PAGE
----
Federal Tax Case for Commuters a $400+ Million Question for Connecticut


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In 2018, 86,606 Connecticut residents paid $1.35 billion in New York state income taxes, according to the Empire Center.

That was lost revenue for Connecticut – because the state credits residents for taxes paid out of state – but it also made sense. They commuted to New York, worked in New York, and were paid in New York. 

In March 2020, that all changed. 

With restrictions in place to limit the spread of COVID-19, thousands of workers who typically commuted across state lines were told to work from home. 

As for their taxes? It’s now unclear which state has the right to collect them — but a case filed by New Hampshire with the U.S. Supreme Court may soon resolve the issue, with potentially billions of dollars at stake.

A longstanding issue

For decades, Ed Zelinsky rode Metro-North from New Haven to Manhattan three days a week. The other two days – or 40 percent of his workdays — he worked from home in Connecticut. 

But when tax season came around, Zelinsky paid income tax on 100 percent to the state of New York — a loss of revenue for Connecticut and an increased tax burden for Zelinsky. So in 2003, he challenged the practice.

“I brought my case with the support of Connecticut and Dick Blumenthal, who was Attorney General at the time,” Zelinsky told CT Examiner.

Zelinsky argued in court that he — and any other individuals who worked from home – should be taxed by the state where they performed the work. For Zelinsky, that would mean that 60 percent of his income would be taxed by New York and 40 percent by Connecticut. 

The New York state courts didn’t buy the argument. 

Instead, the courts ruled that Zelinsky was working at home as a convenience, and that he was still performing the work for a New York-based employer. 

“Nobody was surprised when New York courts didn’t adhere to the constitution,” Zelinsky said. 

The state would have lost a significant amount of money.

But in 2020, the state would stand to lose billions of dollars. According to the Empire Center, New York would lose up to 15 percent of its income tax revenue. 

“You were working at home for your own convenience, the employer did not tell you to stay there,” Richard Pomp, a professor specialized in tax law at the University of Connecticut law school, explained of prior years. But this year it’s different. Instead of a convenience, employers are requiring their employees to work remotely

A federal issue

Connecticut isn’t the only state that formerly sent thousands of residents across state lines for work each day. New Hampshire and New Jersey also have large commuter populations that have been working from home for almost a year now. 

So in December, the State of New Hampshire brought Zelinsky’s complaint directly to the U.S. Supreme Court as a boundary dispute between New York and New Hampshire.

“New Hampshire has no choice but to seek relief in our Nation’s highest court,” said New Hampshire’s governor, Chris Sununu, the day the case was filed. “Massachusetts cannot balance its budget on the backs of our citizens and punish our workers for working from home to keep themselves, their families, and those around them safe. We are going to fight this unconstitutional attempt to tax our citizens every step of the way, and we are going to win.”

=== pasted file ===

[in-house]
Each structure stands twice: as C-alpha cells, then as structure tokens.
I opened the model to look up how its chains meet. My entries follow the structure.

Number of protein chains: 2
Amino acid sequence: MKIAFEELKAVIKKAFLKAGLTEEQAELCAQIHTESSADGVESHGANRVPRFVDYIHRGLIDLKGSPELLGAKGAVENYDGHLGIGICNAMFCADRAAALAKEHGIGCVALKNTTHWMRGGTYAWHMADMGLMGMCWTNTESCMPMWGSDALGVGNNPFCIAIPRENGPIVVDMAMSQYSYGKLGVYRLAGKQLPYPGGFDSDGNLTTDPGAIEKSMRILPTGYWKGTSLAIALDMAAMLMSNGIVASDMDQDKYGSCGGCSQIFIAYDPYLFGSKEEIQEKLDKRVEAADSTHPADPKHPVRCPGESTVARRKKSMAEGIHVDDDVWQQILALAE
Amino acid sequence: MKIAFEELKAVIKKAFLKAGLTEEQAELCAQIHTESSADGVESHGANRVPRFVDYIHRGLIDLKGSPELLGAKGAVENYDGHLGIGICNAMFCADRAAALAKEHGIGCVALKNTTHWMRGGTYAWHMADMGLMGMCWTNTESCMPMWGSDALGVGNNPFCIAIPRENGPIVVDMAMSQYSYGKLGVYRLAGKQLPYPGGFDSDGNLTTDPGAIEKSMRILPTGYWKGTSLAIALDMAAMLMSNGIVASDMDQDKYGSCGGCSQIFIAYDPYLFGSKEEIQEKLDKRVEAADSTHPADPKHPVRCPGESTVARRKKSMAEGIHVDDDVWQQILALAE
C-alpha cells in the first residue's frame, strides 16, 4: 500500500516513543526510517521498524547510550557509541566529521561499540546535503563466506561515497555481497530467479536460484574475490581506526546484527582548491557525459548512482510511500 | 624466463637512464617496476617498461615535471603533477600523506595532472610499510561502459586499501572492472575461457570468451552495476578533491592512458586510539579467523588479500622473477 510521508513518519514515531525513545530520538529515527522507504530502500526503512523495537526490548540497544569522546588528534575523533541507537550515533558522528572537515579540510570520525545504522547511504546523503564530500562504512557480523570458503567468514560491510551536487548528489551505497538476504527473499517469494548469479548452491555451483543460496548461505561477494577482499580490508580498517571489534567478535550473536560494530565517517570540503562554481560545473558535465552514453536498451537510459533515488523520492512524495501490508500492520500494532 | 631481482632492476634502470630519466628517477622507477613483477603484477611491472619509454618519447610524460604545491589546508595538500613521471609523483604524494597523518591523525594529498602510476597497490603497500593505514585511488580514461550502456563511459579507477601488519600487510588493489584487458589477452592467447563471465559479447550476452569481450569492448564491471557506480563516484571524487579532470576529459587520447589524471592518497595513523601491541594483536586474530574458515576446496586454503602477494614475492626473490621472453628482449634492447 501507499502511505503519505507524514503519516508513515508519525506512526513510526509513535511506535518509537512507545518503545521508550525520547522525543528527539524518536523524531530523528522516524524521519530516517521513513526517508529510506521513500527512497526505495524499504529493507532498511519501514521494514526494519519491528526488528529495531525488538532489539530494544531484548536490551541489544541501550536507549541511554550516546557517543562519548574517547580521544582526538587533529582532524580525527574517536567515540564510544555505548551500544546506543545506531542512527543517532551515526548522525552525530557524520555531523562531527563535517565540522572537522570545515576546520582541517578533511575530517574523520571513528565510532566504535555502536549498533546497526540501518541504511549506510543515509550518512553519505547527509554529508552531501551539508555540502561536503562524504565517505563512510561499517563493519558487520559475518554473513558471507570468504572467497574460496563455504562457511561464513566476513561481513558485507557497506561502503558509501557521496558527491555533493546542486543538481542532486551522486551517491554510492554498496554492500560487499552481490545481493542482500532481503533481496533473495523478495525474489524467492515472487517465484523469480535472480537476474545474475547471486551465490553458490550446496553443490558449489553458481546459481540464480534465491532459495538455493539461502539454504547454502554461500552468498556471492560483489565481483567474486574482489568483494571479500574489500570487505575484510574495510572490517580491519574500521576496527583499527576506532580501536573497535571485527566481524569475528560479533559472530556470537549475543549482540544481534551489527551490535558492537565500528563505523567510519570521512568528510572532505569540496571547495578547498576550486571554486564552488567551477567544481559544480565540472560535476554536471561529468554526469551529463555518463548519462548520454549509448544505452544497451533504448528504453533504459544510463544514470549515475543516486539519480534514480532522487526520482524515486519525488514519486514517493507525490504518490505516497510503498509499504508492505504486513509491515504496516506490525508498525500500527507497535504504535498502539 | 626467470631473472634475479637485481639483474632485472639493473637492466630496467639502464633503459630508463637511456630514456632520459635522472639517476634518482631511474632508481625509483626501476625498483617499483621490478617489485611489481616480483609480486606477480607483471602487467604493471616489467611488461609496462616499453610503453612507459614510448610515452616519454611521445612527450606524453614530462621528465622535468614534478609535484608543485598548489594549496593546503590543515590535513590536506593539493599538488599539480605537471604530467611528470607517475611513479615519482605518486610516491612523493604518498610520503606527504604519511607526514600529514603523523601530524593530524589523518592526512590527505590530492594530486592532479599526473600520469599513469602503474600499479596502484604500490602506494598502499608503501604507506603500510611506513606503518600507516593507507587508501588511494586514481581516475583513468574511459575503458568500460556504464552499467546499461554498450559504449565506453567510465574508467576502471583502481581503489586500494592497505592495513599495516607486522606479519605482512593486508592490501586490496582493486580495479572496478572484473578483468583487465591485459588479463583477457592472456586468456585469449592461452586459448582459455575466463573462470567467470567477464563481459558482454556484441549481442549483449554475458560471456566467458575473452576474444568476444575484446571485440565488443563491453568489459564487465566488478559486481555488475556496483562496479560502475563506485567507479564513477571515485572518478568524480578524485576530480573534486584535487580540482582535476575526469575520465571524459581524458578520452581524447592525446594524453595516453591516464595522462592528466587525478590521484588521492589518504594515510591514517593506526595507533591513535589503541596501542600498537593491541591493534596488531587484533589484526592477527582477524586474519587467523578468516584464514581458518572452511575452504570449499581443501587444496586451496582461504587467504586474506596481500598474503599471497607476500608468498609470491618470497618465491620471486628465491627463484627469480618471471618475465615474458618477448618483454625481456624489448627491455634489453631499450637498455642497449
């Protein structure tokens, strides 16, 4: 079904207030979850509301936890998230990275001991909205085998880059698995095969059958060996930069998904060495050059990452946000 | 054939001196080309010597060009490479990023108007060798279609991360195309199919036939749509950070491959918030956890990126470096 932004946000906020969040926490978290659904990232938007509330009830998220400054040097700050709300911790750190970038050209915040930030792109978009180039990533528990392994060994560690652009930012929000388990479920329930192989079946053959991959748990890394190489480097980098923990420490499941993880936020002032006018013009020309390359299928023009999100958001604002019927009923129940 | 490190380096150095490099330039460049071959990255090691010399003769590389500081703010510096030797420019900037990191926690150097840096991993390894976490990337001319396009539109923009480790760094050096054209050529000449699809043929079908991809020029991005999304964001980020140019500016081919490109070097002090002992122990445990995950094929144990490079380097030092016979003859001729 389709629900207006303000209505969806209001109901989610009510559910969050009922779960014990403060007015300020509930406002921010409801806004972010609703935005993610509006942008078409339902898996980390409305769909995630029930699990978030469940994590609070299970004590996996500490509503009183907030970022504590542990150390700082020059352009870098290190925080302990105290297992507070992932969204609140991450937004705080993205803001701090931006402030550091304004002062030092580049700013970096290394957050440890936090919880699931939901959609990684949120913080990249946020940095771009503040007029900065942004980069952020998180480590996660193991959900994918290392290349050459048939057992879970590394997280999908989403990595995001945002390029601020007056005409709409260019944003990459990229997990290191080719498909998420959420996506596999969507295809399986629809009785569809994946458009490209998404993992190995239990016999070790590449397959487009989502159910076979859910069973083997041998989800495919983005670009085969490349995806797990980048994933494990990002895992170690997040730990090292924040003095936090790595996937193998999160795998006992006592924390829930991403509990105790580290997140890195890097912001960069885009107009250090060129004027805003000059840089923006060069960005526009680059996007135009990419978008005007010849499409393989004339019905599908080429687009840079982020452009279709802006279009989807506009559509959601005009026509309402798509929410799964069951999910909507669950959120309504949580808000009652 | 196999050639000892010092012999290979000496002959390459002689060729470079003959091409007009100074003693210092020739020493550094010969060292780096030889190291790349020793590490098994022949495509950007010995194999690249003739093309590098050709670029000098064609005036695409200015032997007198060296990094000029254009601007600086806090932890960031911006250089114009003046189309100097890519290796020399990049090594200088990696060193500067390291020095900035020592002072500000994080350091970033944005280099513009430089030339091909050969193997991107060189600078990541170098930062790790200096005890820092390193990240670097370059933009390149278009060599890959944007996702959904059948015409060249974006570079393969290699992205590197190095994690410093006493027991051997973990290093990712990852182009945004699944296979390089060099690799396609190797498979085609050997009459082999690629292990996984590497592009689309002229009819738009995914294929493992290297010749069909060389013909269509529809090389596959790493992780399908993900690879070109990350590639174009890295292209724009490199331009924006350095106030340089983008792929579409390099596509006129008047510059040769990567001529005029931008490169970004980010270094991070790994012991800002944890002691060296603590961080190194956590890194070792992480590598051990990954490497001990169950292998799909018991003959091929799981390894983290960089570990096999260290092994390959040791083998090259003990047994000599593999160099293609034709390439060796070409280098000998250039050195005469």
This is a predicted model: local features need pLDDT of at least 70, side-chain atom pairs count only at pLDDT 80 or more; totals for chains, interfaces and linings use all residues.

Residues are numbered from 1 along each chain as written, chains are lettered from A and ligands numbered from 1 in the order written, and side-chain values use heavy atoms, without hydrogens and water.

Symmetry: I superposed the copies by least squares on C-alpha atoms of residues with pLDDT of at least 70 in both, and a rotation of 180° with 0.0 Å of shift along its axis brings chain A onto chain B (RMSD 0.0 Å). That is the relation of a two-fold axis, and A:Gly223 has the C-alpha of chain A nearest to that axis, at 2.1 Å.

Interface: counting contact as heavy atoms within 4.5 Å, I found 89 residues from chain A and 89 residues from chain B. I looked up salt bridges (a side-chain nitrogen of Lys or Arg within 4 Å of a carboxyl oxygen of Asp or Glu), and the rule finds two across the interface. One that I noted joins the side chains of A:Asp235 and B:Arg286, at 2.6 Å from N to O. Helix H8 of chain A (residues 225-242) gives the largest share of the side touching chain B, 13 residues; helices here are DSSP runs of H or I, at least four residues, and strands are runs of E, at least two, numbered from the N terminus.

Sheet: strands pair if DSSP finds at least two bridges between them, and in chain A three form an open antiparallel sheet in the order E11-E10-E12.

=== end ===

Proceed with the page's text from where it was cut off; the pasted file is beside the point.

Shortly after the case was filed, 14 other states including Connecticut filed in support of New Hampshire. New York has filed in support of Massachusetts. 

A matter of standing

One significant hitch in the case for New Hampshire is that the state doesn’t collect an income tax.

“The case is a little bit shaky,” Pomp said. “This is a cat fight between Massachusetts and New Hampshire over how much money Massachusetts is going to get. New Hampshire can’t even say we are being hurt because we are giving a credit and losing income tax.” 

It’s rather individual residents who are being hurt, Pomp said. So, it’s possible that the court will throw out the case and tell New Hampshire residents to sue Massachusetts themselves.

“The problem with that is, what are the odds of getting a fair shake in the Massachusetts courts on the issue,” Pomp said.

If that happens, the decision could mirror the earlier ruling against Zelinsky in New York.

If Connecticut had filed the case – however – this loophole wouldn’t exist. 

“It would make a difference if Connecticut filed it, New York couldn’t make the argument Massachusetts is making because Connecticut really is losing income,” Zelinsky said. “Both Connecticut and I are losing. Connecticut is giving up revenue and I’m losing because I’m paying higher taxes.”

Although revenues for New Hampshire will not be directly affected by the outcome of the case, Connecticut stands to gain between $400 and $500 million according to the Connecticut Business and Industry Association. At the same time, New York could lose up to $7.4 billion, according to the Empire Center. 

Waiting time

In mid-January, rather than deciding to take up the case, the Supreme Court first asked the acting Solicitor General to provide a brief on behalf of the federal government. In other words, the court is waiting to know what the new President — or at least his administration — thinks about the case.